Major Change Coming to Scrabble to Appeal to ‘Participation Trophy’ Generation

Major Change Coming to Scrabble to Appeal to ‘Participation Trophy’ Generation

The venerable spelling game “Scrabble” is making a big change to appeal to the snowflakes in Generation Z who just can’t seem to stomach a game that has a scoring system that allows someone to win.

For the first time in 75 years, Mattel, the company that manufactures the famed board game in Britain, is making a change to its rules so that those who grew up getting participation trophies just for showing up can play without getting their delicate sensibility in a twist, according to the New York Post.

The newest release of Scrabble will now feature a double-sided board. One side will be the traditional board featuring the game as it has been since it came out in 1938.

But the other side is a snowflake version, one that omits the traditional features so that players don’t have to keep score. There are goal cards with challenges, like “play a three-letter word” or “play a horizontal word.” The first player to complete 20 challenges is the winner.

There are also “helper cards” that more or less solve the players’ questions for them so that they don’t have to think too hard. And we know how much snowflakes hate to be forced to think. Feeling is more their speed.

The new rules will scale back the scoring system and will also facilitate team play instead of fostering solely individual competition.

Apparently, the upgrade in the venerable tile game is made by downgrading it and pretty much taking out the competition part of the game.

If you have never played Scrabble, the idea is that the letter tiles each have a value on them. And when you make a word, you add up the values to total up your points for the word. The one with the most points at the end of the game wins. The strategy comes in where certain squares on the board can give you extra points if your tile lands on them while you are making your word. So, your strategy is to utilize those spaces to gain even more points.

The original game is a pretty simple game, really. The difficult part is visualizing the words that you can make with your tiles, coupled with the luck of the draw in the blind choice of letter tiles.

But it can be competitive. Gaining as many points as possible is the goal, so there must be a winner and a loser when all is said and done — or does there?

British podcaster Gyles Brandreth praised the changes, noting that, “The makers of Scrabble, Mattel, have done some research, and found that younger people, Gen Z people, don’t quite like the competitive nature of Scrabble.”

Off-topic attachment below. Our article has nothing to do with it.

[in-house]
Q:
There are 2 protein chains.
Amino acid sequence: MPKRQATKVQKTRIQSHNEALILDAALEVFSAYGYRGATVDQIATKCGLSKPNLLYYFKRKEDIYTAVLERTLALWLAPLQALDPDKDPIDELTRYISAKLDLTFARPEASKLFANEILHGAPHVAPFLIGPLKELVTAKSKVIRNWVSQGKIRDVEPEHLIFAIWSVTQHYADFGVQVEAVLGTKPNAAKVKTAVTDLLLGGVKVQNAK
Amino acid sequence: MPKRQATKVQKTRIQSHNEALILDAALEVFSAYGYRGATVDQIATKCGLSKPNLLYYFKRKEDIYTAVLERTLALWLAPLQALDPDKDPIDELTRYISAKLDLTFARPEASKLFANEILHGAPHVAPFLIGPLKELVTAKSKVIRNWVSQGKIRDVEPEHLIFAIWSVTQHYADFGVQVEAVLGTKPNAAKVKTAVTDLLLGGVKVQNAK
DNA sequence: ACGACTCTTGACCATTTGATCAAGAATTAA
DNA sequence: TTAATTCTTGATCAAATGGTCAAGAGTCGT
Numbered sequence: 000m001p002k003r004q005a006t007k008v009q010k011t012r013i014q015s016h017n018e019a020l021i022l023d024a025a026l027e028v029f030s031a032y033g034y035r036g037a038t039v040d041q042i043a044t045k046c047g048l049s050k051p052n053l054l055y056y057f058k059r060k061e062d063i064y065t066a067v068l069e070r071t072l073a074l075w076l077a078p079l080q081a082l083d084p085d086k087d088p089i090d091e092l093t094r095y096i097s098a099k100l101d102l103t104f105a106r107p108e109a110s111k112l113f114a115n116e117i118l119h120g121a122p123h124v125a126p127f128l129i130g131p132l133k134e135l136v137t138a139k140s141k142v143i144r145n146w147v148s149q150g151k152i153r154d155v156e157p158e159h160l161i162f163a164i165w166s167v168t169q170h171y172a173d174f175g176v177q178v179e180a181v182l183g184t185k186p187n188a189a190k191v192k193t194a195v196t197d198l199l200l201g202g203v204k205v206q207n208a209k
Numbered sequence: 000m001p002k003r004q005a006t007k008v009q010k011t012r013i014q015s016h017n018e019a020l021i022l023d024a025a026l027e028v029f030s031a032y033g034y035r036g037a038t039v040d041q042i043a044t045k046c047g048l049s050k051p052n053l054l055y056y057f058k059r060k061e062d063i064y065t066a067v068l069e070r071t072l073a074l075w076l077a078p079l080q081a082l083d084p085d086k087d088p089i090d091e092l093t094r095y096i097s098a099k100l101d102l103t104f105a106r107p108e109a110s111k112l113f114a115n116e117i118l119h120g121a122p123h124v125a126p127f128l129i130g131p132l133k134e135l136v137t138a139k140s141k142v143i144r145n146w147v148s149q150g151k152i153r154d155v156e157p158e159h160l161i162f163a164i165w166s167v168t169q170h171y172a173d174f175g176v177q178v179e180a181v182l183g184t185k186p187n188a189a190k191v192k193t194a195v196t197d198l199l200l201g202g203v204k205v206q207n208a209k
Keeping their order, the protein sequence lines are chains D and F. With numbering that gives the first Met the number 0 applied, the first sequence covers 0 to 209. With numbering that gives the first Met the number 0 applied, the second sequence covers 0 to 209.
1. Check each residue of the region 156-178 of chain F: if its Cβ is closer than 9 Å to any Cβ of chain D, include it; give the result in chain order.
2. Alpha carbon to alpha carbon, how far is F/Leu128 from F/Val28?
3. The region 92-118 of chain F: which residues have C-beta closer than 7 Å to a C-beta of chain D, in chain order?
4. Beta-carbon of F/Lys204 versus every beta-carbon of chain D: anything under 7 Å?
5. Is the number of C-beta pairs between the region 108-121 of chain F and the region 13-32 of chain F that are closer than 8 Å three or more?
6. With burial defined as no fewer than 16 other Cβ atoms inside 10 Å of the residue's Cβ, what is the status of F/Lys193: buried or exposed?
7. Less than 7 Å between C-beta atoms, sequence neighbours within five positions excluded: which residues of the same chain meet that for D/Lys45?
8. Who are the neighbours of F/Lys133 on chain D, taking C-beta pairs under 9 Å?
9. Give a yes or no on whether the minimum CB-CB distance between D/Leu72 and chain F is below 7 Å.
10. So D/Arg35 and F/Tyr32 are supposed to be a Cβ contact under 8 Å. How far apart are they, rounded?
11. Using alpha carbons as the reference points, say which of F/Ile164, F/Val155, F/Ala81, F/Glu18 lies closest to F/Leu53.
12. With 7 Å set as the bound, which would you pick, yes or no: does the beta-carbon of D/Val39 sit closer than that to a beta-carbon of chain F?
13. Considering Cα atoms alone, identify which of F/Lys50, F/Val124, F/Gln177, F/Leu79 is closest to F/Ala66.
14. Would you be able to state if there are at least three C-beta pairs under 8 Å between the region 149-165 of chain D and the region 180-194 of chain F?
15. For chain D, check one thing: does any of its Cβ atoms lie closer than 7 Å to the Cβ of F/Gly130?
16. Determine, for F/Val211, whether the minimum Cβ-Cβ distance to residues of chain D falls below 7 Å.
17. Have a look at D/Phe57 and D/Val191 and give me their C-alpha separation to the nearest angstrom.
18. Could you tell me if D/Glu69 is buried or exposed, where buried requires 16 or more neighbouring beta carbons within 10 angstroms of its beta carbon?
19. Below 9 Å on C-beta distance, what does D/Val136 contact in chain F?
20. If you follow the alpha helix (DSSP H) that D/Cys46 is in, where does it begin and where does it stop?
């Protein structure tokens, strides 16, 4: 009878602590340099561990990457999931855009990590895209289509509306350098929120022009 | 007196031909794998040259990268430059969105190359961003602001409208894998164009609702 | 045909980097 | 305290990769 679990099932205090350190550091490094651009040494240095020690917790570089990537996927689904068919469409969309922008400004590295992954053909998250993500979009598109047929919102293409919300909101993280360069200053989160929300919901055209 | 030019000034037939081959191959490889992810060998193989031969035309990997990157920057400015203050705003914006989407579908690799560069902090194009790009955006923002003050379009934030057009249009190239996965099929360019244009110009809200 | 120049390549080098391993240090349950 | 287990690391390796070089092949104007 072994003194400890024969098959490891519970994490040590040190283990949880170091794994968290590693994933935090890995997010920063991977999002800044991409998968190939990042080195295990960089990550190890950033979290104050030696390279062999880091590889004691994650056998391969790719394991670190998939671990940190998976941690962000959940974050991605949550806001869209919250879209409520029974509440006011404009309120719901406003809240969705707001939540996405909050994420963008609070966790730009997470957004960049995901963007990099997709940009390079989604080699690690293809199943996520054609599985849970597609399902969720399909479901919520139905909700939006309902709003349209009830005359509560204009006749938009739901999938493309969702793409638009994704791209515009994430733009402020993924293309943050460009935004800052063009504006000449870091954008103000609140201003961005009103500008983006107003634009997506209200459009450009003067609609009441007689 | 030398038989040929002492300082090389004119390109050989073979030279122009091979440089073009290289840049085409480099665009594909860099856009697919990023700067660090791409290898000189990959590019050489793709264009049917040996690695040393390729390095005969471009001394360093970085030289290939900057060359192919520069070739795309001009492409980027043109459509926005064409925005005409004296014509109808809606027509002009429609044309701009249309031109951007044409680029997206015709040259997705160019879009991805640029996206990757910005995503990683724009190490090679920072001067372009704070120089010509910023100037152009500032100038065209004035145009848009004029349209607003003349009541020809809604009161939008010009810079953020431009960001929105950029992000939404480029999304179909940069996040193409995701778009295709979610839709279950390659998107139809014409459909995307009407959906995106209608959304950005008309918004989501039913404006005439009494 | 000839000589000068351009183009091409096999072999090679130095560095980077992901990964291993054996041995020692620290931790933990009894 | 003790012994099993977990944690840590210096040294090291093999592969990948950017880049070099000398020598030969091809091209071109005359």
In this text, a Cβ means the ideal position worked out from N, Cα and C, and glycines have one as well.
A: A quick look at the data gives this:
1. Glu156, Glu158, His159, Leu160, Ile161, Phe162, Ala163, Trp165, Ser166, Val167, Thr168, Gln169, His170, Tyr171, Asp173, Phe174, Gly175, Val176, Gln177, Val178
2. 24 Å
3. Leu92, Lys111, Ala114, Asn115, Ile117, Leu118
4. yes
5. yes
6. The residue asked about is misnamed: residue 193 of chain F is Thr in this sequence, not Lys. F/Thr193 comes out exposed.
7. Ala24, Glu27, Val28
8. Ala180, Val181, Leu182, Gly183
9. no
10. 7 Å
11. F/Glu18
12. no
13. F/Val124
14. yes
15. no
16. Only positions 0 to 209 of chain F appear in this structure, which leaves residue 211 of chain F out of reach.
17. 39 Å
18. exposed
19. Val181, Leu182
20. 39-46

Calling the changes “exciting,” Brandreth — who is the president of the Association of British Scrabble Players and organized the British National Scrabble Championship in 1971 — breathlessly added, “They want a game where you can simply enjoy words and language, and being together and having fun creating words.”

The updated version is being marketed as “Scrabble Together,” to emphasize the team aspect of the new, more “inclusive” rules package.

“Scrabble has truly stood the test of time as one of the most popular board games in history, and we want to ensure the game continues to be inclusive for all players,” Mattel vice president Ray Adler told the Post in a statement. “For anyone who’s ever thought ‘word games aren’t for me,’ or felt a little intimidated by the classic game, Scrabble Together mode is an ideal option.

“Scrabble Together mode continues to celebrate the wonder of words just as the classic version does, but thanks to its exciting new cooperative and dynamic gameplay, it’s more accessible and brings people together.”

Licensing agreements, though, might mean that this snowflake version will be relegated to the U.K.

Mattel sells the game in Europe, but in the U.S., the distribution rights are owned by Hasbro — which itself is not above going woke with its products. So this new version will not be sold here, at least for now.

For its part, Hasbro has put out a statement saying that they love Mattel’s new version in the U.K., but have no plans to adopt it for the U.S. market.

Maybe we’ll be spared this wokeness by the wonders of capitalism after all.

This article appeared originally on The Western Journal.

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